"I was flying...over a harbour by a city. It was a great, imperial city, the world's greatest—all of them, from all periods: Carthage, London, Alexandria, Vienna, Byzantium and New York, all superimposed on one another the way things are in dreams. We'd left the city and were flying above the harbour. This was full of bustle: tug-boats, steams, yachts, you name it, bobbing and crisscrossing in water whose ridges and wave-troughs glinted in the sun, though it was nighttime. Out in the harbour—some way out, separated from the city by swathes of this choppy water—was an excrescence, a protuberance, a lump: an island. Was it man-made? Possibly. Its sides rose steeply from the sea; they were constructed of cement, or old bricks. The island was dark in hue; yet, like the sea, it seemed somehow lit up. As we approached it—flying quite low, parallel to the water—the building on it loomed larger and larger. These buildings—huge, derelict factories whose outer walls and rafters, barely intact, recalled the shells of bombed cathedrals—ran one into the next to form a single giant, half-ruined complex that covered the island's entire surface area. Inside this complex, rubbish was being burnt: it was a trash-incinerating plant. Giant mountains of the stuff were piled up in its great, empty halls, rising in places almost to where the ceiling would have been. They were being burnt slowly, from th inside, with a smoulder, rather than roaring, fire. Whence the glow: like embers when you poke them, the mounds' surfaces, where cracked or worn through by the heat, were oozing a vermilion shade of yellow. It was this glowing ooze, which hinted at a deeper, almost infinite reserve of yet-more-glowing ooze inside the trash-mountain's main body, that made the scene so rich and vivid, filled it with a splendour that was regal. Yes, regal—that was the strange thing: if the city was the capital, the seat of empire, then this island was the exact opposite, the inverse—the other place, the feeder, filterer, overflow-manager, the dirty, secreted-away appendix without which the body-proper couldn't function; yet it seemed it its very degradation, more weirdly opulent than the capital it served. We were homing right in on it now: descending in our chopper through the factory-cathedral's shell, skimming the rubbish-piles as walls and rafters towered above us, gazing in awe and fascination at the glowing ooze, its colours as they morphed from vermilion yellow to mercurial silver, then on to purple, umber, burnt sienna, the foil-like flashing of its folds and gashes as light flowed across them. And, as we skimmed and veered and marvelled, a voice—the helicopter pilot's maybe, or some kind of commentator, or perhaps, as before with the roller-blader half-dream, just my own—announced clearly and concisely: Satin Island." (SI, 141-43)5.2 Try this on for size: The heart is a smoldering dreamscape over which the self floats, the great world's ruined garbage dump: Satin Island. Its objective correlative, Staten Island, can only be approached at one's peril, for as one does the world (of the self) dissolves into a silent, pixellated tin flash of sun dazzle.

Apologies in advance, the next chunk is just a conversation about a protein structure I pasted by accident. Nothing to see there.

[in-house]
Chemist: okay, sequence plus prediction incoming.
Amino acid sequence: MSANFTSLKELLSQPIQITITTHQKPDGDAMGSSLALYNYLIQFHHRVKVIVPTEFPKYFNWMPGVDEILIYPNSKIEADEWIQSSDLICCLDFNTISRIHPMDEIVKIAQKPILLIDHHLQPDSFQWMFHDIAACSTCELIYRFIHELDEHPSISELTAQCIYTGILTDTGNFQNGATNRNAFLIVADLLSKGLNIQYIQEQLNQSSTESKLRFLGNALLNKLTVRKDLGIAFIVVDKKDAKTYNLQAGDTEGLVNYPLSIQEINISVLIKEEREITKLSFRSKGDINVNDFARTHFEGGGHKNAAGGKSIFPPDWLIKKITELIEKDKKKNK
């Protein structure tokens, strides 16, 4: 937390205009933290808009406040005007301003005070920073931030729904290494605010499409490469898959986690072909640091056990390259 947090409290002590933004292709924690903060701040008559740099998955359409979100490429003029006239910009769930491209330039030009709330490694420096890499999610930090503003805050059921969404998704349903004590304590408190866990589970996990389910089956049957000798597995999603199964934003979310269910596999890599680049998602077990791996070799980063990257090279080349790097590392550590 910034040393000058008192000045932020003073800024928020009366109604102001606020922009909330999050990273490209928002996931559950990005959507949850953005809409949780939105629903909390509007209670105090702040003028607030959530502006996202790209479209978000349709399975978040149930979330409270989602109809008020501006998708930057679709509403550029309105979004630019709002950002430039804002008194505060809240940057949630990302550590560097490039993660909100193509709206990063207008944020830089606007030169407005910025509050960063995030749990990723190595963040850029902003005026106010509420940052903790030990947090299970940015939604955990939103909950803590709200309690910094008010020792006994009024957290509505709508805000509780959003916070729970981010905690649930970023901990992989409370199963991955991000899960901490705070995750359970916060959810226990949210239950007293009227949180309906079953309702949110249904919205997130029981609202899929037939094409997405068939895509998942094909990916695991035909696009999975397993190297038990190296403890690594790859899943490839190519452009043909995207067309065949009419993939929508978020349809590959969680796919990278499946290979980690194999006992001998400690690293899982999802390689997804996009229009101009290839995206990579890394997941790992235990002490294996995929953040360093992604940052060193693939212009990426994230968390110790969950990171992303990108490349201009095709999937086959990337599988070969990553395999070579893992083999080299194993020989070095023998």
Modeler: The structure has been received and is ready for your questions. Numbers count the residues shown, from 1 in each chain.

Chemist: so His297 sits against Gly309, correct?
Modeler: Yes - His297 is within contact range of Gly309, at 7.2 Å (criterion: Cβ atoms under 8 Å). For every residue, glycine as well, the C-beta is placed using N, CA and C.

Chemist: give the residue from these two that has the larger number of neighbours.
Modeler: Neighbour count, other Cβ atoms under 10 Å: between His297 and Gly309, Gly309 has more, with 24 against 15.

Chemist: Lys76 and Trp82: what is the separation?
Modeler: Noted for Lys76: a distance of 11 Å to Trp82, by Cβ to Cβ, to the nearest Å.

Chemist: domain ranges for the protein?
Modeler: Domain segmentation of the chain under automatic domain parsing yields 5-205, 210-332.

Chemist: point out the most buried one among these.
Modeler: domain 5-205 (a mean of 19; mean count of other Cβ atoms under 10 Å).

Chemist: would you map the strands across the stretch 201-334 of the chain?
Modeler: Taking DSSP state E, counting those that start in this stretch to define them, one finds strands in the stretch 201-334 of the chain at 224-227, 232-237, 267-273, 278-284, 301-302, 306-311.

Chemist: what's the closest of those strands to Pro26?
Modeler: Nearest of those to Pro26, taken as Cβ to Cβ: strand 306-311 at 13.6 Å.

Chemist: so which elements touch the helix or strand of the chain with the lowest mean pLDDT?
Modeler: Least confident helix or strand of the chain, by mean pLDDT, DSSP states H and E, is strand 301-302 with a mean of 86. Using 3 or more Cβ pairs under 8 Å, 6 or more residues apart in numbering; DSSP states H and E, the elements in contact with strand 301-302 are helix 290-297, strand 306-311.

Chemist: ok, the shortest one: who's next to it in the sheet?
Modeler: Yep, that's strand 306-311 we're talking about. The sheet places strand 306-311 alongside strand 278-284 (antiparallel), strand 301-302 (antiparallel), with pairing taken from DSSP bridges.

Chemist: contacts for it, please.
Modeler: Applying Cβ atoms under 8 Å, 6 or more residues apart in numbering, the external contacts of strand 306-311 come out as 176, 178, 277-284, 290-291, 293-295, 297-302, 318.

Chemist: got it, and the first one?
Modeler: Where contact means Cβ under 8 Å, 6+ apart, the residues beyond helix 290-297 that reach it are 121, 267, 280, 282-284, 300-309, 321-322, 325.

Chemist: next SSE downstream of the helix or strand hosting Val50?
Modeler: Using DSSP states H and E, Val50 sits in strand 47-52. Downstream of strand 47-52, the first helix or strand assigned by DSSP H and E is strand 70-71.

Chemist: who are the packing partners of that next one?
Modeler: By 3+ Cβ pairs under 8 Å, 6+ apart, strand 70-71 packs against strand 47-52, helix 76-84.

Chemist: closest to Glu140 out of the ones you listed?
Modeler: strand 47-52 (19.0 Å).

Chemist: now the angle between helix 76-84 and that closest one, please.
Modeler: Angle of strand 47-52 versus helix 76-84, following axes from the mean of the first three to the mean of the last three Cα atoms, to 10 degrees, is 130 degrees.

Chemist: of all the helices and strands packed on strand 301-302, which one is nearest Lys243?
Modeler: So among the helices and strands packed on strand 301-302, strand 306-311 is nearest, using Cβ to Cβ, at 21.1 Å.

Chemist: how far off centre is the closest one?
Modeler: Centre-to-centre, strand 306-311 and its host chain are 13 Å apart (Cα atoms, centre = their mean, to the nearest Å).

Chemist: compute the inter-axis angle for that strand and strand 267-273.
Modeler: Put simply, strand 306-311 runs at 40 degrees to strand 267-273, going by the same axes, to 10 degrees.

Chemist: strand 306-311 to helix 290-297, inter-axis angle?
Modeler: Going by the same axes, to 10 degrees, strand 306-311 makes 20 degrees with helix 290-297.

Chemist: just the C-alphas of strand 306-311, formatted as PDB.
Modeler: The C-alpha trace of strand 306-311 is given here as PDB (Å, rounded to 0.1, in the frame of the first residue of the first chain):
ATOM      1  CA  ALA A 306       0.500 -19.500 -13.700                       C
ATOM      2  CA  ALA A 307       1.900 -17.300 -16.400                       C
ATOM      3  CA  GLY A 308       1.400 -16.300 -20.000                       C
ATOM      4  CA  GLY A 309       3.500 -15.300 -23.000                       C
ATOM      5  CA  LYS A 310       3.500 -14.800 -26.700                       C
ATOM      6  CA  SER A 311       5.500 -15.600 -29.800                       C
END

5.3 (Want more literary trash talk: have some Eliot, Pynchon, Gass, DeLillo, Beckett, and Ammons (from 2008)).
5.3 U. is not on some internal quest to find himself, as was the nameless narrator of Remainder. Nor is he on some pilgrimage to find the meaning of the world, as was C. He, his identity, is assumed, given; his Being is bracketed, in Heidegger-speak, and U. is seeking the tantalizing but elusive name of the world.
À propos of nothing, Query: How does one pronounce U.'s boss's name, Peyman? Is it "Pie-man", as in 'Simple Simon met a ...'? or is it "Pay-man", as in ...? Well, you get the picture.